1 e) This ascending branch lies entirely within the parietal lob

1 e). This ascending branch lies entirely within the parietal lobe and is considered as part of the angular gyrus. The adjacent posterior vertical sulcus is the anterior occipital sulcus [posterior intermediate parietal sulcus] (k; see Wernicke (1881)). This sulcus considered representing

the border between the parietal and the occipital lobes. This sulcus can appear in different shapes. Usually, it continuous ventrally into the continuation of the superior temporal sulcus [e] and thus gives rise to a second ascending branch of PD332991 the latter. At times, however, it appears as a very short indentation without connection to any other gyri. It is, nonetheless, found in every brain and is readily identifiable, when following the occipito-parietal INCB024360 manufacturer sulcus (o) on the convexity (Fig. 1) to the inferior transitional gyrus (above k) (Fig. 1) between the parietal and the occipital lobes. The opening of this

gyrus is the anterior occipital sulcus. Within the occipital lobe there are three deep sulci that are almost horizontal to each other before they separate anteriorly (Ecker, 1869). The superior/first occipital sulcus (s. o. I) is an extension of the intraparietal sulcus (i), which usually reaches the occipital pole, though interrupted. The middle/second occipital sulcus (s. o. II) reaches anteriorly towards the horizontal branch of the superior temporal sulcus (e). The inferior/third occipital sulcus (s. o. III) runs towards the Niclosamide second or third temporal sulcus. The inferior occipital sulcus often runs adjacent to the inferior convexity of the hemisphere and sometimes even at the basal surface. The middle occipital sulcus corresponds mostly to the lower occipital sulcus of Wernicke. Whereas both vertical sulci and the first horizontal sulcus are consistent and readily identifiable; the middle and inferior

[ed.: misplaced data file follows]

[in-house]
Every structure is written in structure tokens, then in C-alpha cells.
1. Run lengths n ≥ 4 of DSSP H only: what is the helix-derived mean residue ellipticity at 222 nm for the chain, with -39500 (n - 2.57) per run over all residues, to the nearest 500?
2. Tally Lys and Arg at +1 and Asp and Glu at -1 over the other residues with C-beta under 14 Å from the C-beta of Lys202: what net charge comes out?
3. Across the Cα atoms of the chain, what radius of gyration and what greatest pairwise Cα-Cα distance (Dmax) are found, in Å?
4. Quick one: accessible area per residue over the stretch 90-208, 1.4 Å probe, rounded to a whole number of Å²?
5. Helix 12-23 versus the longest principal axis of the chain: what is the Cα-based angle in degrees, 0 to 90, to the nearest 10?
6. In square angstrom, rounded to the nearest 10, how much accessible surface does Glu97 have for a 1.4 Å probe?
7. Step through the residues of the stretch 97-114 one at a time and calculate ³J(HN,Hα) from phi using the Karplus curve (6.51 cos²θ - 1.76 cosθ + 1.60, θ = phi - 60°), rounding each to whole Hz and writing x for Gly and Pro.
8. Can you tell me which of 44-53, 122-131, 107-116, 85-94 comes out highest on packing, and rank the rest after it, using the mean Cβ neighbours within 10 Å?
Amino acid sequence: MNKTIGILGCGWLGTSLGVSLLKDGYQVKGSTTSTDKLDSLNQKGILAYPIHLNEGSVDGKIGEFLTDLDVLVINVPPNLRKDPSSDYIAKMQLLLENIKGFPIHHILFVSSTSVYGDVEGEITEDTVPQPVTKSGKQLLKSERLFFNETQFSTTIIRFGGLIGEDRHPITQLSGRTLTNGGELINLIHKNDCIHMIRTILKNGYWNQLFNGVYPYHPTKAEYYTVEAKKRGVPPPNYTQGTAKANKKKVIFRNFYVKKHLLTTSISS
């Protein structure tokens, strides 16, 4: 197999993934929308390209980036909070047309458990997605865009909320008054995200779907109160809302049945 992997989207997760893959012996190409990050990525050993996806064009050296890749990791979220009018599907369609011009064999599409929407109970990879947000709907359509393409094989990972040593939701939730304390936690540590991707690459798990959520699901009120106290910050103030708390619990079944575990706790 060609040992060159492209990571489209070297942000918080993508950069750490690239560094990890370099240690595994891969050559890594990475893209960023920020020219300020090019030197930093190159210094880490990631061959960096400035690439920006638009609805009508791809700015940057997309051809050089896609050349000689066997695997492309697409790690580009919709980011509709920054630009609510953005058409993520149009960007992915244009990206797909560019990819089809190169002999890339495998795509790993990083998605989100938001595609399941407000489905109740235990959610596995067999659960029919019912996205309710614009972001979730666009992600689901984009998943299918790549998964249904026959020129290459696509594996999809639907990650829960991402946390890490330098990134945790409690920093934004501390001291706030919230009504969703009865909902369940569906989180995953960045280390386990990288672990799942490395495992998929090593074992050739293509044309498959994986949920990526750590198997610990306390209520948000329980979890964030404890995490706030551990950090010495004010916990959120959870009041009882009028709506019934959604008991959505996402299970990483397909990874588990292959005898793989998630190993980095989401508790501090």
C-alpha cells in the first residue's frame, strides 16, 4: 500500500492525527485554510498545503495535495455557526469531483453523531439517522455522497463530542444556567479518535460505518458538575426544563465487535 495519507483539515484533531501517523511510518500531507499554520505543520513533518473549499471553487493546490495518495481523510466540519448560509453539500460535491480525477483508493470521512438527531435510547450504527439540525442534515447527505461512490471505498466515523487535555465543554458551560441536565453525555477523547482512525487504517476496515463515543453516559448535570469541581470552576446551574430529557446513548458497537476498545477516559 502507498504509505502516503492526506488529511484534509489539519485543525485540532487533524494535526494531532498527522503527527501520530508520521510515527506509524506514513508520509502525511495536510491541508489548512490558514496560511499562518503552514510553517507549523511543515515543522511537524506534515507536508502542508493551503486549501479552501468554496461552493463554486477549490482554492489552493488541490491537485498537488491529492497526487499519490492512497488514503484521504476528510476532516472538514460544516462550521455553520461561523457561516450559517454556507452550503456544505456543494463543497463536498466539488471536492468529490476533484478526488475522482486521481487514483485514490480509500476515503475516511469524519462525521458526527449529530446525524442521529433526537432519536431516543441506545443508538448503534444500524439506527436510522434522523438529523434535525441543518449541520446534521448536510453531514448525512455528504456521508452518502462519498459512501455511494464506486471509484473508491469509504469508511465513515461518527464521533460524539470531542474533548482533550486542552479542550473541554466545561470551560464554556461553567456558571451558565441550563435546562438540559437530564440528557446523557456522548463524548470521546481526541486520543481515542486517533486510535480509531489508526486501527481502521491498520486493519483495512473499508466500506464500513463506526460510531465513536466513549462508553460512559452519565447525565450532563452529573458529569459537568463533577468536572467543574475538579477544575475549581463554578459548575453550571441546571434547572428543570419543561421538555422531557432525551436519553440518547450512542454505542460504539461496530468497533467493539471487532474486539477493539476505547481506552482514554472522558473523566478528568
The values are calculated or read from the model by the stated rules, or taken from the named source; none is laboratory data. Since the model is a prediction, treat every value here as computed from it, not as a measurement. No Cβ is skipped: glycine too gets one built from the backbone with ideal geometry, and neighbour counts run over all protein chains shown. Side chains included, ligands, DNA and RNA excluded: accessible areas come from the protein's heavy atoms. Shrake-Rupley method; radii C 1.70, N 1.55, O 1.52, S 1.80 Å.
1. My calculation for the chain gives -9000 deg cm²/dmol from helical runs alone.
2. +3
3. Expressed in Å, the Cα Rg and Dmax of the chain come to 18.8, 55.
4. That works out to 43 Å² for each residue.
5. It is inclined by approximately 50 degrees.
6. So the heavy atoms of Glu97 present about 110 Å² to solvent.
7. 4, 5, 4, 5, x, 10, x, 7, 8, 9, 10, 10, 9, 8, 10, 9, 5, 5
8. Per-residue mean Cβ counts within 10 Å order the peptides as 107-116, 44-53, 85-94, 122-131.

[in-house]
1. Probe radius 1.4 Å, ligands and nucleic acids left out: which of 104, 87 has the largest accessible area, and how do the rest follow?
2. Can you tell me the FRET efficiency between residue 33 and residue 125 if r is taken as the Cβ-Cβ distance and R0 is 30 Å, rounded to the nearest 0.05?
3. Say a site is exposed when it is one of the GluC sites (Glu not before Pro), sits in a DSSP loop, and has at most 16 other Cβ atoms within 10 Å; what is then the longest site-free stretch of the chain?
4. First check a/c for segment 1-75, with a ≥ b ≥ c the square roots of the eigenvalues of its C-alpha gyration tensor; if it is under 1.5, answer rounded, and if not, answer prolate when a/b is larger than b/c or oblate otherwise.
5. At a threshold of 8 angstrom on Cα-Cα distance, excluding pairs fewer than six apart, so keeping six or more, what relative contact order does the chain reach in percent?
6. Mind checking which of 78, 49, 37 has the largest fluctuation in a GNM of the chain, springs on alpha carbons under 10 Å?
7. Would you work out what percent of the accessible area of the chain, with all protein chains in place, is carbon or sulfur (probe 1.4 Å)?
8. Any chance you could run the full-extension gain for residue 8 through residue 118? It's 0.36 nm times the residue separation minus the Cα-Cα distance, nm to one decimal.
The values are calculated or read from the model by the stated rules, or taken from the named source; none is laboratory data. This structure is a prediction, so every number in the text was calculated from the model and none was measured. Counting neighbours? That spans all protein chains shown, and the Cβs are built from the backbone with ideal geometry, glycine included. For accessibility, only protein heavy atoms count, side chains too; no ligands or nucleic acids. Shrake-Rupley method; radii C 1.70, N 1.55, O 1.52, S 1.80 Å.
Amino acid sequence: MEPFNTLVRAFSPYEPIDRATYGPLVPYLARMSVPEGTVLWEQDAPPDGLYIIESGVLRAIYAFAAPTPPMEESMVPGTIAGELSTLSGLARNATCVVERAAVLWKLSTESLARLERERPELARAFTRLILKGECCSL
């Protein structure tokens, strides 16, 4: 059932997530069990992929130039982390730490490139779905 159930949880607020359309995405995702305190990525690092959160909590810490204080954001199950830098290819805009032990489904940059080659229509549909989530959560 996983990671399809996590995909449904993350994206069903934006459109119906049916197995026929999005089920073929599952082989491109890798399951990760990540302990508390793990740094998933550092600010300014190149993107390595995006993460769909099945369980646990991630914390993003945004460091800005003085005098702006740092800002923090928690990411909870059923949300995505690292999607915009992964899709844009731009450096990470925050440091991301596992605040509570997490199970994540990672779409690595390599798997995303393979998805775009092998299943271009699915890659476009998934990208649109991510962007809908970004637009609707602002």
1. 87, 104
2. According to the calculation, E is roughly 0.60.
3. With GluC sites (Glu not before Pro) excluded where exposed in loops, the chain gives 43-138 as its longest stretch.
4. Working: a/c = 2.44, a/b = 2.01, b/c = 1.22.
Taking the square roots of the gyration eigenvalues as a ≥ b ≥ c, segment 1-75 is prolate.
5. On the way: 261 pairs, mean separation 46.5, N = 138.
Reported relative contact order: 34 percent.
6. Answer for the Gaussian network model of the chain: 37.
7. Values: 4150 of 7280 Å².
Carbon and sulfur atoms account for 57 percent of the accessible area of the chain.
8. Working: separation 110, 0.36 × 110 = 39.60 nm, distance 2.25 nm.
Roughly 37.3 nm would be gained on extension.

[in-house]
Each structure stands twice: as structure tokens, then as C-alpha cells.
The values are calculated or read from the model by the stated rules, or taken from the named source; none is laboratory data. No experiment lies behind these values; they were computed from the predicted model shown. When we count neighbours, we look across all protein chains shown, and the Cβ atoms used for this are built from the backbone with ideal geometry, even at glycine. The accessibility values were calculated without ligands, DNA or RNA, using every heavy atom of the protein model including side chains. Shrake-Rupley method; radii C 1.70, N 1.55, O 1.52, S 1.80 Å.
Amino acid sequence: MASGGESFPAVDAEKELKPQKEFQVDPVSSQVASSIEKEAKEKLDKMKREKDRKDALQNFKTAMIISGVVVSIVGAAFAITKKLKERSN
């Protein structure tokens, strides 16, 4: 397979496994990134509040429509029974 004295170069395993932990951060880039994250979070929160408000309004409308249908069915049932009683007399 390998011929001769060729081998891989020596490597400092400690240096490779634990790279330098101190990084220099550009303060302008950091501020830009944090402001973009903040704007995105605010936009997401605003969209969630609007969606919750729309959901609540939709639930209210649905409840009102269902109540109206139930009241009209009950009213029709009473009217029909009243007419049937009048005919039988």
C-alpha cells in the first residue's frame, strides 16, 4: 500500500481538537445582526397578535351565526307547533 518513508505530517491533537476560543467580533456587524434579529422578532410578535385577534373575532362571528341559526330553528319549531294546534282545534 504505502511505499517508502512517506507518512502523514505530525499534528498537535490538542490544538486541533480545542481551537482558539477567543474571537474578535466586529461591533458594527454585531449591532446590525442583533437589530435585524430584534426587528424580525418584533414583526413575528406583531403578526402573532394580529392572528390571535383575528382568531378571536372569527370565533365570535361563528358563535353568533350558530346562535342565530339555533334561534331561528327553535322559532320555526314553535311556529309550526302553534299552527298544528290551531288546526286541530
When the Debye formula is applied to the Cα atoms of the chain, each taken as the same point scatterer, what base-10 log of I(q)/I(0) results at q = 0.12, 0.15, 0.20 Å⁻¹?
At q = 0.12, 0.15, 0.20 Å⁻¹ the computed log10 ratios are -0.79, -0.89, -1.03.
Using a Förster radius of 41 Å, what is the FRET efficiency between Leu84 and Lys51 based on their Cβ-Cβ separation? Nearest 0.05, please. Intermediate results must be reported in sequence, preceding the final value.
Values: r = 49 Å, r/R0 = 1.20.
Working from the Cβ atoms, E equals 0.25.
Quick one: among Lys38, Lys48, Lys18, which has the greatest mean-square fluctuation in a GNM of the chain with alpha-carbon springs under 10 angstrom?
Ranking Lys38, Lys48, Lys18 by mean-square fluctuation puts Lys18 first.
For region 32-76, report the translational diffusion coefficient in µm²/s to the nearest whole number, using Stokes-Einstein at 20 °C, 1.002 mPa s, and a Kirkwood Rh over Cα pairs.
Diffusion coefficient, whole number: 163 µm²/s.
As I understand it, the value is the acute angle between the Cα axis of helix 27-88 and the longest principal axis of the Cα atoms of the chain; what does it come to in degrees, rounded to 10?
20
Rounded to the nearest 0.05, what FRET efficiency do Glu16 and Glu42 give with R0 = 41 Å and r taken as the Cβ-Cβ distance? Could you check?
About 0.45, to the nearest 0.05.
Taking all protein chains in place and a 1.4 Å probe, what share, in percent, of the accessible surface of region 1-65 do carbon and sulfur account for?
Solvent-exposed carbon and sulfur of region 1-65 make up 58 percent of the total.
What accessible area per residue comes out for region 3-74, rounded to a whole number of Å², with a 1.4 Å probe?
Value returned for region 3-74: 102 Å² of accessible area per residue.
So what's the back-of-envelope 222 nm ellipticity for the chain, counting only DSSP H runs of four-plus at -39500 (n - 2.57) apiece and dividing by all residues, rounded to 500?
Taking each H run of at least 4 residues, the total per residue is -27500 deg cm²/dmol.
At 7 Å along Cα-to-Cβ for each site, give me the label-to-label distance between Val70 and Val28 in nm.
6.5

occipital sulci are often interrupted and branch off, and are therefore less clear. The occipital lobe is delineated on the medial surface of the hemisphere (Fig. 2) by the occipito-parietal sulcus [o] separating the cuneus and precuneus, and by the calcarine fissure (f.c.), which adheres anteriorly with the abovementioned sulcus [o]. Both sulci are rarely simple incisions. Usually, their stem forms a surface similar to the insula with secondary gyri. Nevertheless, this morphology is variable. The “posterior incision” of the occipito-parietal sulcus may extend many centimetres into the occipital lobe. Adjacent to the calcarine fissure a short gyrus extending rostro-caudally can be seen superimposed on the top and bottom surfaces facing each other. In the depth of the fissure three vertical short gyri extend dorso-ventrally. Two of these can continue to the convexity of the sulcus and merge with the above-mentioned gyri; whereas the third sulcus, that is the middle or the posterior, never extends to the convexity. Such a short gyrus can reach at times the convexity and thus interrupt the fissure.

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